Some leaves have started to turn at Olmsted Falls as a westbound Norfolk Southern train passes.

Some leaves have started to turn at Olmsted Falls as a westbound Norfolk Southern container train passes.

Another westbound at Olmsted Falls.

Another westbound at Olmsted Falls.

What is October without a pumpkin or two? Two BNSF "pumpkins" lead a container train on CSX through Kent on Columbus Day.

What is October without a pumpkin or two? Two BNSF “pumpkins” lead a container train on CSX through Kent on Columbus Day.

Stacks at Sterling

October 20, 2013
CSX Q016 is eastbound at Sterling at on Oct. 16, 2013.

CSX Q016 is eastbound at Sterling at on Oct. 16, 2013.

Here is a photo of eastbound Q016 at Sterling on Wednesday at 4:46 p.m. CSX has been running Q015 and Q016 through Sterling as part of its National Gateway route. The trains run on the CSX New Castle Subdivision (former Baltimore & Ohio from Greenwich to New Castle, Pa.

Former Akron Railroad Club member Tony Dannemiller reports that these are currently the only stack trains that CSX has on the New Castle Sub.

These trains start or end at Chambersburg, Pa., and travel the former Western Maryland between Cherry Run and Hagerstown.

Trains Q115 and Q116, which are “extra sections” of those Q015/Q016 trains, could also carry double-stacked containers, but Tony said he hasn’t seen any extra sections in those numbers running nor has he heard if they have been “stacked.”

The National Gateway is only complete to Chambersburg. The bulletins out for the railroad indicate that a 20 feet, 2 inches of clearance is acceptable on the Lurgan Sub between Chambersburg and Cherry Run, on the Cumberland Sub west of milepost BA 113.0 (CP Cherry Run) only to Cumberland, Md.; and on the from Cumberland Greenwich, Ohio, via the Cumberland Terminal, Keystone, Pittsburgh, and New Castle subdivisions.

Article and Photograph by Richard Jacobs

Get Ready for Double Stacks in Akron on CSX

September 7, 2013

Have you seen a double-stack intermodal train passing through Akron yet? If not you will because CSX announced that it has completed the first phase of its National Gateway project.

The railroad said the work was completed on time and on budget.

CSX will offer double-stack container service between an intermodal terminal in Chambersburg, Pa., and its facility in North Baltimore, Ohio.

Most of the work occurred on the Baltimore & Ohio main line, including major projects on the famed Sand Patch grade in Pennsylvania and Magnolia Cutoff in West Virginia and Maryland.

In Ohio, tracks were lowered and new bridges built in or near Ravenna, Kent, Akron and Lodi, to name a few, the New Castle Subdivision.

The National Gateway is a $850 million public-private partnership to create an intermodal corridor between the Mid-Atlantic and Midwest. Funding has come through a combination of federal and state funds, and railroad investment.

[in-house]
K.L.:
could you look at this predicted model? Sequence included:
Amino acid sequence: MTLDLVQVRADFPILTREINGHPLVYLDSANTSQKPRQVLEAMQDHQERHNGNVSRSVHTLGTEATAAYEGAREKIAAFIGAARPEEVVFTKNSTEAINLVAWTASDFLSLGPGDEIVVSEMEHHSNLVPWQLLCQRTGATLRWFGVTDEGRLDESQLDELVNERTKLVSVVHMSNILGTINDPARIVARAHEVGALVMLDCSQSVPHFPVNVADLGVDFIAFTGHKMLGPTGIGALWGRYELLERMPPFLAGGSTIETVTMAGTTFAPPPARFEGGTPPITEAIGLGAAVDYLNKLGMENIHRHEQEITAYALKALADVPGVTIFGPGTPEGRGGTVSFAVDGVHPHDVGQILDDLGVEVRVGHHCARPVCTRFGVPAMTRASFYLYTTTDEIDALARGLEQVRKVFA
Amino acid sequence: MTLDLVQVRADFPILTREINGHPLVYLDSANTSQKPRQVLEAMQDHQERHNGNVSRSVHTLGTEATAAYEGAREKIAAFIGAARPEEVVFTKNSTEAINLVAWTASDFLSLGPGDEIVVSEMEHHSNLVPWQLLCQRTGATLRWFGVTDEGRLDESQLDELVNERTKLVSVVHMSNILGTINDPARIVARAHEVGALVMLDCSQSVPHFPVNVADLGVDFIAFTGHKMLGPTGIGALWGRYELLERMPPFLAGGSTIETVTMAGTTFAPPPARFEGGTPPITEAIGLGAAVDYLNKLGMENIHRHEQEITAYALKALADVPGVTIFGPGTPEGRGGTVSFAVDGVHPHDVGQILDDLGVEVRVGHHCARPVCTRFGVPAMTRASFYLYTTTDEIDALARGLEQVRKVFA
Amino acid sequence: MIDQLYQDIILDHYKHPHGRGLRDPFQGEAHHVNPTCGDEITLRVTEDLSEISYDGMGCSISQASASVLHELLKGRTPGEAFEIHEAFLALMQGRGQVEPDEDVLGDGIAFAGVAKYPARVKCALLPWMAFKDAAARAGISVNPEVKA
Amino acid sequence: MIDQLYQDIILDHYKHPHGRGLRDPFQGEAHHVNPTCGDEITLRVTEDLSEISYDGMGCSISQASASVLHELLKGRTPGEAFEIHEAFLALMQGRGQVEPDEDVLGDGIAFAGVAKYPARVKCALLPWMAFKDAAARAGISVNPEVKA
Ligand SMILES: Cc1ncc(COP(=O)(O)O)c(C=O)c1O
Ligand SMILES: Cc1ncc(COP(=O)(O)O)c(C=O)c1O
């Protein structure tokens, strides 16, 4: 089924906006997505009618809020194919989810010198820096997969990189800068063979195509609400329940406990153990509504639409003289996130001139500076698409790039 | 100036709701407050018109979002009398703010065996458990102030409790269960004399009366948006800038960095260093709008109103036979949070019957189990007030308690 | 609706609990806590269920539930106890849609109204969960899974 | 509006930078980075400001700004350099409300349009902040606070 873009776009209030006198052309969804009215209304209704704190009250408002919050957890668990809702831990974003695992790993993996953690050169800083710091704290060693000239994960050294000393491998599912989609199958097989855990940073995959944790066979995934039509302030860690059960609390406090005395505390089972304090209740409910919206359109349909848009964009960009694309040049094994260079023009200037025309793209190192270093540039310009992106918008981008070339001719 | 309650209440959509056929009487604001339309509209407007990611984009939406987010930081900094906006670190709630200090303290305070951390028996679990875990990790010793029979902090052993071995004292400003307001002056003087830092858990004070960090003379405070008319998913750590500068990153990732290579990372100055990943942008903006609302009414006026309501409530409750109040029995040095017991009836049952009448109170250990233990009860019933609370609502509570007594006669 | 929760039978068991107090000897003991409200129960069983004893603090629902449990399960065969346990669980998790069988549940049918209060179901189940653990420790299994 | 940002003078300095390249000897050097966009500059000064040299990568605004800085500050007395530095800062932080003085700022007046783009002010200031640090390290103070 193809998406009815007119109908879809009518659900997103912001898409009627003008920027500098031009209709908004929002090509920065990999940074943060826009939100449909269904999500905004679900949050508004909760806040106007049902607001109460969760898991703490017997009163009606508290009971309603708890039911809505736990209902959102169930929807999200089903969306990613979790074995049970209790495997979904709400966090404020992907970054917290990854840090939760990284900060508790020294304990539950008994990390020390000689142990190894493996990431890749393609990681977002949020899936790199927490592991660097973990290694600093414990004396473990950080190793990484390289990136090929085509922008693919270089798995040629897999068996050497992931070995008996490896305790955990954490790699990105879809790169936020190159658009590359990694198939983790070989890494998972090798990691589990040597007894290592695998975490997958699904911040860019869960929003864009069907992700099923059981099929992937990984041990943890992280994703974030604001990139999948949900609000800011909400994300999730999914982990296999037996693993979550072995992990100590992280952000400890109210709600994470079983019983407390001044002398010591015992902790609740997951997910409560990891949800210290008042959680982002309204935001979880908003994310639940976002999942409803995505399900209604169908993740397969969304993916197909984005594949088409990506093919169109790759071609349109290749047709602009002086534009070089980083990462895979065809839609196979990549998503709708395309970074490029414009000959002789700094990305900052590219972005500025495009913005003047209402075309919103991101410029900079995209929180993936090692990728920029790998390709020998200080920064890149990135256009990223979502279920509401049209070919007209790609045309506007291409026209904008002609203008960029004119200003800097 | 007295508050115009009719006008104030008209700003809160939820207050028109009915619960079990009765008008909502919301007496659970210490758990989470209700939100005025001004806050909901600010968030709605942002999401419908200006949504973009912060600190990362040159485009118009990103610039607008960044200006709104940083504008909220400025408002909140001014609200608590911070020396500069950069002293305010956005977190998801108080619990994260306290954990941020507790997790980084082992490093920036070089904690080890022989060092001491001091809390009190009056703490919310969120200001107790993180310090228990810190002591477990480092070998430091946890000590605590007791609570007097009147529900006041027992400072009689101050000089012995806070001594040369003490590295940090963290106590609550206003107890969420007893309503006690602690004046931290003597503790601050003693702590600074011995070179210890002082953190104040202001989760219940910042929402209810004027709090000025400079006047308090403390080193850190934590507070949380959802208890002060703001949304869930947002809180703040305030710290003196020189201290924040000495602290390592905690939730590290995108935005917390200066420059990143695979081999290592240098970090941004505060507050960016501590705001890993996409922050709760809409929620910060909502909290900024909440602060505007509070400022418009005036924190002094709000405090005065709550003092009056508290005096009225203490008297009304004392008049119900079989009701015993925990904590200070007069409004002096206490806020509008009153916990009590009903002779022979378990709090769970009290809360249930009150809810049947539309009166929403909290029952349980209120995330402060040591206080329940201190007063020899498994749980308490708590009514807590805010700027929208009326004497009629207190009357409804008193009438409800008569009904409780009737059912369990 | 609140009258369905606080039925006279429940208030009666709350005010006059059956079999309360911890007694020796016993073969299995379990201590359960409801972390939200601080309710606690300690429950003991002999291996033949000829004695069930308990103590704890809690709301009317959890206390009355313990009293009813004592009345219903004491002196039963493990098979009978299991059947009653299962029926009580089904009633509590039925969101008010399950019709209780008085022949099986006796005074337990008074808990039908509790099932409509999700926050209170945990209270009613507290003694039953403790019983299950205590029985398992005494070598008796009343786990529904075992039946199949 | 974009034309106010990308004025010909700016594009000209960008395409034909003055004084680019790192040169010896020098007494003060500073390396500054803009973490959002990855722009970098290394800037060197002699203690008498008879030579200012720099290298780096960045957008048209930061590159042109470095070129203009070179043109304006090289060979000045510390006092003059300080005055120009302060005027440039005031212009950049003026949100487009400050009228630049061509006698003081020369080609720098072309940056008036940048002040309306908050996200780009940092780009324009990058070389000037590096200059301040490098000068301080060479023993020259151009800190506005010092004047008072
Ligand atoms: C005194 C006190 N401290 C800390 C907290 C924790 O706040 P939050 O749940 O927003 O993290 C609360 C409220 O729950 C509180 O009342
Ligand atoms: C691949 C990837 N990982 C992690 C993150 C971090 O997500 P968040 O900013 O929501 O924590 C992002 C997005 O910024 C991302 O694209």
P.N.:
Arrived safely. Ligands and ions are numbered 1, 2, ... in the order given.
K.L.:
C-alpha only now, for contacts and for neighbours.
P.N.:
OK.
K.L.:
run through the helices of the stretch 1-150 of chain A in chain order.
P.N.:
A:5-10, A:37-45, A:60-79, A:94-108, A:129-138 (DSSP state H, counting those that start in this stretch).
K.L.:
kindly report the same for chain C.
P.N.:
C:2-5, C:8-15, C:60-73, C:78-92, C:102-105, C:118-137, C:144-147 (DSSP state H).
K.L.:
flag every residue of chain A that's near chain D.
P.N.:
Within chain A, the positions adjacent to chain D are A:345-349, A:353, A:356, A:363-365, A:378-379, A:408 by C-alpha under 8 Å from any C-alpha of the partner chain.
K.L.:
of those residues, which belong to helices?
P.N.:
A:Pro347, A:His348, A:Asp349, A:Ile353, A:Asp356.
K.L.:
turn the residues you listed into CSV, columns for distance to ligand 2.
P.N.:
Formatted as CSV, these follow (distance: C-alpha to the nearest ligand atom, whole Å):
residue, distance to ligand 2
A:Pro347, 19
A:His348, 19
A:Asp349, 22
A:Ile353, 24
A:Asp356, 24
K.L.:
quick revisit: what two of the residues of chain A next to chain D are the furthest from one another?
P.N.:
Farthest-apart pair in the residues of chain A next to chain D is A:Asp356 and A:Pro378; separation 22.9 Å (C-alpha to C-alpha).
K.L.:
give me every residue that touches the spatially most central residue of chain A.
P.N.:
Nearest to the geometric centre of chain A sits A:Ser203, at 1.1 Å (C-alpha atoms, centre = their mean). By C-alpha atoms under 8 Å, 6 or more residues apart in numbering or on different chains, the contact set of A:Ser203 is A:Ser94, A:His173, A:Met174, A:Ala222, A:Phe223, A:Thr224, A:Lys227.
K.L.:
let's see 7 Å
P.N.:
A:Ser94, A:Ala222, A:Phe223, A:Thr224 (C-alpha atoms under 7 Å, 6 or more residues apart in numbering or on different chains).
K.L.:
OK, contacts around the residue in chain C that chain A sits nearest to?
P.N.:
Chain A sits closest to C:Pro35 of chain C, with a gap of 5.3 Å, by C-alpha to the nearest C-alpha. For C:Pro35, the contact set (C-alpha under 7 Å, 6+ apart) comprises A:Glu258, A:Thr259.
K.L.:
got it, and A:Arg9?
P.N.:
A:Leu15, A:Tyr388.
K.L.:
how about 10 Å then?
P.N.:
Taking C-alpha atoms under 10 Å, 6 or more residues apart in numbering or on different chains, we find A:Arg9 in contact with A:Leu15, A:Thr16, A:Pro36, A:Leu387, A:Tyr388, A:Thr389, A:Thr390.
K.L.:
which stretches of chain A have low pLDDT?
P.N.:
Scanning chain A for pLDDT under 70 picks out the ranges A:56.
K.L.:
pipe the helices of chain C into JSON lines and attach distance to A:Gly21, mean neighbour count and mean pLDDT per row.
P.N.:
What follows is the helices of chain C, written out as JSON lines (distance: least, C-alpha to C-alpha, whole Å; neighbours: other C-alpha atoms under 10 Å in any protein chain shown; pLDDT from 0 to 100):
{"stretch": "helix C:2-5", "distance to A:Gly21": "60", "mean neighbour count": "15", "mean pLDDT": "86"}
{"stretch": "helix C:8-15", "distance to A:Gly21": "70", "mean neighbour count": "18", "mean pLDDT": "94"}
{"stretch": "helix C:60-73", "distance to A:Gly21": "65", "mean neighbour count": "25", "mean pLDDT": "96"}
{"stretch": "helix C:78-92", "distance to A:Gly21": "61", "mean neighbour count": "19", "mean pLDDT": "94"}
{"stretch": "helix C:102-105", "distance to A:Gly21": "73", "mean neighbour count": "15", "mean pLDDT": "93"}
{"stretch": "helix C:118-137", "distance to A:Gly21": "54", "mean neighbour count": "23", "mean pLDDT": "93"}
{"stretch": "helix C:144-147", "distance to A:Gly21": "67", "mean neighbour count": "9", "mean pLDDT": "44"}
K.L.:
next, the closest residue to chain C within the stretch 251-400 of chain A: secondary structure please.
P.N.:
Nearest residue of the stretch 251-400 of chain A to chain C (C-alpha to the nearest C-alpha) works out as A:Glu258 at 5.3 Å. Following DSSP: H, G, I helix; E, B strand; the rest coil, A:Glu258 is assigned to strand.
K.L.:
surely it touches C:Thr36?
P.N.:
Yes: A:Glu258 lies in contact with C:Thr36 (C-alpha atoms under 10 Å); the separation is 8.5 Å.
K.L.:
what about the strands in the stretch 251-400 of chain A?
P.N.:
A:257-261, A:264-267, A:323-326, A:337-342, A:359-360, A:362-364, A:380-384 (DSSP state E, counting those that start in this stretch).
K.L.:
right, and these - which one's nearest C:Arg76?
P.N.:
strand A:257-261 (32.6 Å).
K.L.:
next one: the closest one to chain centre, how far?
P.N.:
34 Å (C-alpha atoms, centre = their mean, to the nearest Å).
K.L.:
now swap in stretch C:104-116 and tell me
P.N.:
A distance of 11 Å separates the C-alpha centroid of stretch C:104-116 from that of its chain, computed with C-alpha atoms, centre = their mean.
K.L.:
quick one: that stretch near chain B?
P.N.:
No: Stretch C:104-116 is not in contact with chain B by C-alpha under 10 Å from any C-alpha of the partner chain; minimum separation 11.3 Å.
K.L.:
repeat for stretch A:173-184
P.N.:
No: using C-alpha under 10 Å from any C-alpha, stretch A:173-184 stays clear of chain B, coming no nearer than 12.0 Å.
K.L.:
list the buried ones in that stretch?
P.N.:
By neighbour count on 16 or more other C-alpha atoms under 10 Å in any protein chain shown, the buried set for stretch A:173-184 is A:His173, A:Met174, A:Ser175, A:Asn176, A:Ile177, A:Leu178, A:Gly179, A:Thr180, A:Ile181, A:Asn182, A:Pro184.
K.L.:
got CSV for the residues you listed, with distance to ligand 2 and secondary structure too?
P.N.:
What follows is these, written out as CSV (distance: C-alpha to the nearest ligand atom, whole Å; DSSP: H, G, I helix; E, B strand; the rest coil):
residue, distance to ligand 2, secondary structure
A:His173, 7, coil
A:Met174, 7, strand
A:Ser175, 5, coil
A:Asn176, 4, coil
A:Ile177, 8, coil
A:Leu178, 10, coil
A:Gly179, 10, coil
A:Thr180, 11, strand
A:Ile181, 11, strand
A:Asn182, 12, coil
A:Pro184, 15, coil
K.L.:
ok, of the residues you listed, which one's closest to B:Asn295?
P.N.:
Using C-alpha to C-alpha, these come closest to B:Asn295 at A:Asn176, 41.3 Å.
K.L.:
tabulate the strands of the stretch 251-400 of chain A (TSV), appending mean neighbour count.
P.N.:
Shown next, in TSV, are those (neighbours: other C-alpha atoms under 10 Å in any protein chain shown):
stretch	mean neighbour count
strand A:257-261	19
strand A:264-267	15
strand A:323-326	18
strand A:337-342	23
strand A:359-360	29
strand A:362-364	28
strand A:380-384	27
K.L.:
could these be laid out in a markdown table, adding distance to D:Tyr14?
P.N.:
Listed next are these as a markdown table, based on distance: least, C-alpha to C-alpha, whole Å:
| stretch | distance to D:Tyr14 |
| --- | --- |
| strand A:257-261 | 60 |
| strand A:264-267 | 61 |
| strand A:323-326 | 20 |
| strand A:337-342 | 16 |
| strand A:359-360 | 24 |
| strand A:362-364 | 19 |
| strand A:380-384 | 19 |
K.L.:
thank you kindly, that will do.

Some public funding came from the federal TIGER grant program, secured by the state of Ohio, and administered by the Eastern Federal Lands Highway Division of the Federal Highway Administration. The second phase of the project will involve increasing clearances so that stack trains can operate to the Ports of Baltimore and Virginia.

CSX said its Northwest Ohio Intermodal Terminal in North Baltimore employs nearly 300 full-time employees handles hundreds of thousands of containers per year in-transit to and from the lower Great Lakes region.

The Belle of Marion

June 25, 2013

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The Akron Railroad Club had its annual longest day outing this past Sunday. This year’s Ohio hotspot that we visited was Marion.

The catch of the day was the inbound Q106, a run-through train from Kansas City that originates on the Kansas City Southern. This train hauls containers to the Schneider National intermodal terminal on the east side of Marion.

Some of the containers, though, are shuttled from Marion to the CSX intermodal facility at North Baltimore, Ohio.

The Q106 usually arrives in Marion in the wee hours of the morning, but it was running late on this day for some reason, arriving in Marion at 10:04 a.m.  This was much to the delight of myself, Marty Surdyk and Todd Vander Sluis. We were the first club members to arrive, getting to the Marion Union Station at 8:29 a.m.

We’ll have a further report on the longest day later this week.

Photographs by Craig Sanders

CSX to Expand Ohio Intermodal Facility

May 23, 2013

CSX recently announced that it will expand its intermodal facility in North Baltimore, Ohio. The $42 million project will extend the terminal tracks by 2.300 feet and add two more cranes that lift containers on and off rail cars.

The railroad is seeking county support to apply for federal grants to pay half of the project cost. CSX spent $175 million on the 500-acre facility, which employs about 300 people and handles 2 million containers annually.

The Northwest Ohio Intermodal Terminal is located on the former Baltimore & Ohio mainline between Chicago and Pittsburgh.

Must be High Priority Traffic

April 15, 2013

Every so often something comes down the tracks that just doesn’t look right. And so it was on a  Sunday a few weeks ago on CSX when this container train came along.

Usually, CSX stack trains seem like they are a mile long. So why is this train so short. We can rule out that it lost the rest of its train because there is an EOT showing. Perhaps business was really bad this day. But other stack trains that went by were their usual long self.

Perhaps this is high priority cargo that needed to be somewhere PDQ. Whatever the case, it made for an interesting sight.

Photographs by Craig Sanders